“2020 has taught me a lot about the importance of being in community.”

From now through December 31st as part of our end of year campaign, you’ll hear from Artist Trust staff & board about their work, the lessons they’ve learned this year, what they hope for in 2021, and their vision for a stronger Artist Trust.

Sarah Traver, Director of Traver Gallery and an Artist Trust board member, shared her thoughts with us. Read her interview below and support Artist Trust at artisttrust.org/donate.

 


What is your role at Artist Trust, and what do you enjoy about it? 

My current role at Artist Trust is as Immediate Past President. It is my 9th year as a board member here; apparently, I can’t get enough! I love the community – the artists, the staff, the board. I love that Artist Trust introduces me to so many diverse artists from around our state, including poets, performance artists, artists working with traditional crafts, and artists working in totally non-traditional ways.

How are you involved in the arts?

My life is centered around the arts here in the Pacific Northwest. I am the director at Traver Gallery and Vetri, both of which are family businesses. So, I quite literally came of age in the gallery and the Seattle art scene. I think of my role in the arts as being like connective tissue. My job is to connect artists to audience and vice versa, and to that end, I see the gallery as a theater for the visual arts. A huge part of my work is to help create a stable system of support for the artists I work with; to sell their work, develop a broad audience, and introduce them to collectors, curators, and the community. Likewise, my work at Artist Trust is all about supporting artists and ensuring that artists in Washington have the resources that they need to thrive.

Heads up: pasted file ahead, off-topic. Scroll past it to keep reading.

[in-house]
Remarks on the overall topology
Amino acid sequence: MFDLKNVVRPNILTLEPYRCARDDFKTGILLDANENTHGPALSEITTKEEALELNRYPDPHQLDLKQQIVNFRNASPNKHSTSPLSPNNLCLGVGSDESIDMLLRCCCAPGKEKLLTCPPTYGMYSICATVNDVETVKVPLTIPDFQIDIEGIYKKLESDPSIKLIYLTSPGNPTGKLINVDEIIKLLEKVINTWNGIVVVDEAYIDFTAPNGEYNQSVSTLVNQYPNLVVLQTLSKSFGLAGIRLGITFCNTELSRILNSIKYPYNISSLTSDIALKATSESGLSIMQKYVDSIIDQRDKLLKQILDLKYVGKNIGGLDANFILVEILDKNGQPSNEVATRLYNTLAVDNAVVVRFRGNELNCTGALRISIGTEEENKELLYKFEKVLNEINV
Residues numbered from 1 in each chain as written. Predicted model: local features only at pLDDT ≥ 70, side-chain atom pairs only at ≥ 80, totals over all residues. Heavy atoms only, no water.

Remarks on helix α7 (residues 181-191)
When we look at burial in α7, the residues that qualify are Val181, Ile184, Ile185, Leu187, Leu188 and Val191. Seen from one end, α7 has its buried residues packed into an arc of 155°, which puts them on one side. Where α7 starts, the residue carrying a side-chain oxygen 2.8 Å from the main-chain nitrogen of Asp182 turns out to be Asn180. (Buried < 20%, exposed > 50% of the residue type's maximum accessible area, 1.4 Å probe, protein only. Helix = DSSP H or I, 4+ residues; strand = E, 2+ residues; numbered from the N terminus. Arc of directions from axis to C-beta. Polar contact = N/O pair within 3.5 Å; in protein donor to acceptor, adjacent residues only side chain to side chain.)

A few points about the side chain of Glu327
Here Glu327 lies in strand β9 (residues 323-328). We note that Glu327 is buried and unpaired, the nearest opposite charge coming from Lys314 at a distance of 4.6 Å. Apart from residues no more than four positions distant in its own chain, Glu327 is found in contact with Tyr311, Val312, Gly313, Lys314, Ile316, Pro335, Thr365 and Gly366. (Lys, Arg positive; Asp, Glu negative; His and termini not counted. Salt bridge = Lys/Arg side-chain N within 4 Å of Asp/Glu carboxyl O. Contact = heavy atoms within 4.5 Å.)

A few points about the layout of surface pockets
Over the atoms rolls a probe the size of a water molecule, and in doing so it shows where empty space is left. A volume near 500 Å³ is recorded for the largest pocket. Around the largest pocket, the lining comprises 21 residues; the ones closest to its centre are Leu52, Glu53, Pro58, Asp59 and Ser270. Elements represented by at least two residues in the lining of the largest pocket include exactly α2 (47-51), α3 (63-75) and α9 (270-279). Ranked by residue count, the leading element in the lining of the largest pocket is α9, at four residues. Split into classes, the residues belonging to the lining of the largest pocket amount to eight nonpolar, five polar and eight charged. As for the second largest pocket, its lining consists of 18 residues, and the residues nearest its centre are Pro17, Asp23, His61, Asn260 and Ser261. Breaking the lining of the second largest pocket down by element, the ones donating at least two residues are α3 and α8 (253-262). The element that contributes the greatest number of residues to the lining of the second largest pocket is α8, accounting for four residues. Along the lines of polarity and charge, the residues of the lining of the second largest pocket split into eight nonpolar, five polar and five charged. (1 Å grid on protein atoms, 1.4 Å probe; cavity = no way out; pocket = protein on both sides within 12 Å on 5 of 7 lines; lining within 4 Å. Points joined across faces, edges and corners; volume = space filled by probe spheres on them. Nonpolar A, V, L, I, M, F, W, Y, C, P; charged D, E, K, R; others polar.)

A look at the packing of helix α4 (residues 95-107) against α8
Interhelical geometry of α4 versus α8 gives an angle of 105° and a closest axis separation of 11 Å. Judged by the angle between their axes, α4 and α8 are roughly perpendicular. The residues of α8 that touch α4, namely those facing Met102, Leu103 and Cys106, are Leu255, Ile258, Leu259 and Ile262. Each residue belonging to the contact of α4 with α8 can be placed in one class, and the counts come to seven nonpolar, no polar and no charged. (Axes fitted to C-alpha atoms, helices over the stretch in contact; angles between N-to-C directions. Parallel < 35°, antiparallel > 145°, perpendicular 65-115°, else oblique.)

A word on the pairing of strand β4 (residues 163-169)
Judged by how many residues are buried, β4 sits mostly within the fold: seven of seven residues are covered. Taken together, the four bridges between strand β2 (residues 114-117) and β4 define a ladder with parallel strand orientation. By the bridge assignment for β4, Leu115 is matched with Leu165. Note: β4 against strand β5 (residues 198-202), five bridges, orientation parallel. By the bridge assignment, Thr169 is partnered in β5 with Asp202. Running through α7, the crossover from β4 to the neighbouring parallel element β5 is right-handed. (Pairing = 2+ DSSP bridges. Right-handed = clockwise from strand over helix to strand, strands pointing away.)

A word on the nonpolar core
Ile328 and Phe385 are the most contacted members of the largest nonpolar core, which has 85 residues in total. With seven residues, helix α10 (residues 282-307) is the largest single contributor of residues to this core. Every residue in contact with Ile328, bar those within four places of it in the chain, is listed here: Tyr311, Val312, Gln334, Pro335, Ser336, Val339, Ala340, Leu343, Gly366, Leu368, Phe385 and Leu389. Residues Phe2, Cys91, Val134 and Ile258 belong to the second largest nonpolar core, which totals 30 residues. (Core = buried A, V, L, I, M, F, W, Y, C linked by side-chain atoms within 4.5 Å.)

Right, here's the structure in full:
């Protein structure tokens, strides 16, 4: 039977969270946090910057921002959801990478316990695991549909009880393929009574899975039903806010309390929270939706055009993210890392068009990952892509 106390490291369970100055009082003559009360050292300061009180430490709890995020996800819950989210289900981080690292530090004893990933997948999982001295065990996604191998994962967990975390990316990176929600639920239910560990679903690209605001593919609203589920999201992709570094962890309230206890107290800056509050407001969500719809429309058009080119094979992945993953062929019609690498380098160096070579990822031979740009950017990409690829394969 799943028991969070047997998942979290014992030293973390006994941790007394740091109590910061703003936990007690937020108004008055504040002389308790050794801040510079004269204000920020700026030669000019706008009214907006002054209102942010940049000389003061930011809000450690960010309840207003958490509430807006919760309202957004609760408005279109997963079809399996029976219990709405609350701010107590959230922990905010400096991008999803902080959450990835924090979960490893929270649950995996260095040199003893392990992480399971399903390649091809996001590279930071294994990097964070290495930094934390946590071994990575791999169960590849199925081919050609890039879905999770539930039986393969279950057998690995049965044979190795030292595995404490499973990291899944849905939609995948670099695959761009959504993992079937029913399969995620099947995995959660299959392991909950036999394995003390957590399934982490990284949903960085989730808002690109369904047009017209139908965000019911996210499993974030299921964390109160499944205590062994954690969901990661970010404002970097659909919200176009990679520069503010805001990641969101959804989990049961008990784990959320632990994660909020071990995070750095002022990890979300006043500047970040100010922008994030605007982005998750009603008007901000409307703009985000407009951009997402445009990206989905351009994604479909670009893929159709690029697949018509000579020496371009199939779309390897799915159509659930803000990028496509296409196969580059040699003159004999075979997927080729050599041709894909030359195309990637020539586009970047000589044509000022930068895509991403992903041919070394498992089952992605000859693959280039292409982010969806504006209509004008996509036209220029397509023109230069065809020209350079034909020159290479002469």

What has 2020 taught you both personally and professionally? 

I’m not sure I can articulate all the lessons this year has taught me yet. I think there are too many to count. But I know at the core, 2020 has taught me a lot about the importance of being in community. Whether through the trials of running a small business during a pandemic, delving deeply into issues of equity, leadership, and communication at Artist Trust, or going through a personal journey of discovery during the civic unrest this year, I feel that the one constant lesson has been to center community; to listen carefully to each other’s stories, to seek out community collaborators, friends, critics and co-conspirators, and through it all, to learn from one another.

How will you carry those lessons into 2021?

I hope to continue to keep focused on community, and plan to actively work to ensure artists’ voices are part of the community dialog and that their work is visible and accessible.

What excites you about what you’ve learned/the changes Artist Trust has made or will make? 

I am excited about the work we are doing to become a more equitable organization. The staff team at Artist Trust is incredibly smart, capable, and committed. Over the past year, they have each stepped up into essential leadership roles and are working passionately to improve the organization; likewise, I am inspired by my fellow board members’ engagement and commitment to change. The alignment between board and staff and the shared dedication to do this vital equity work makes me excited for the future of Artist Trust.

What is your vision for a stronger Artist Trust? 

I am excited to see Artist Trust reconnect deeply with the artists we serve. I look forward to their voices being central to our work this next year, particularly as we look at leadership roles and structures and examine how we can better serve Washington State artists moving forward.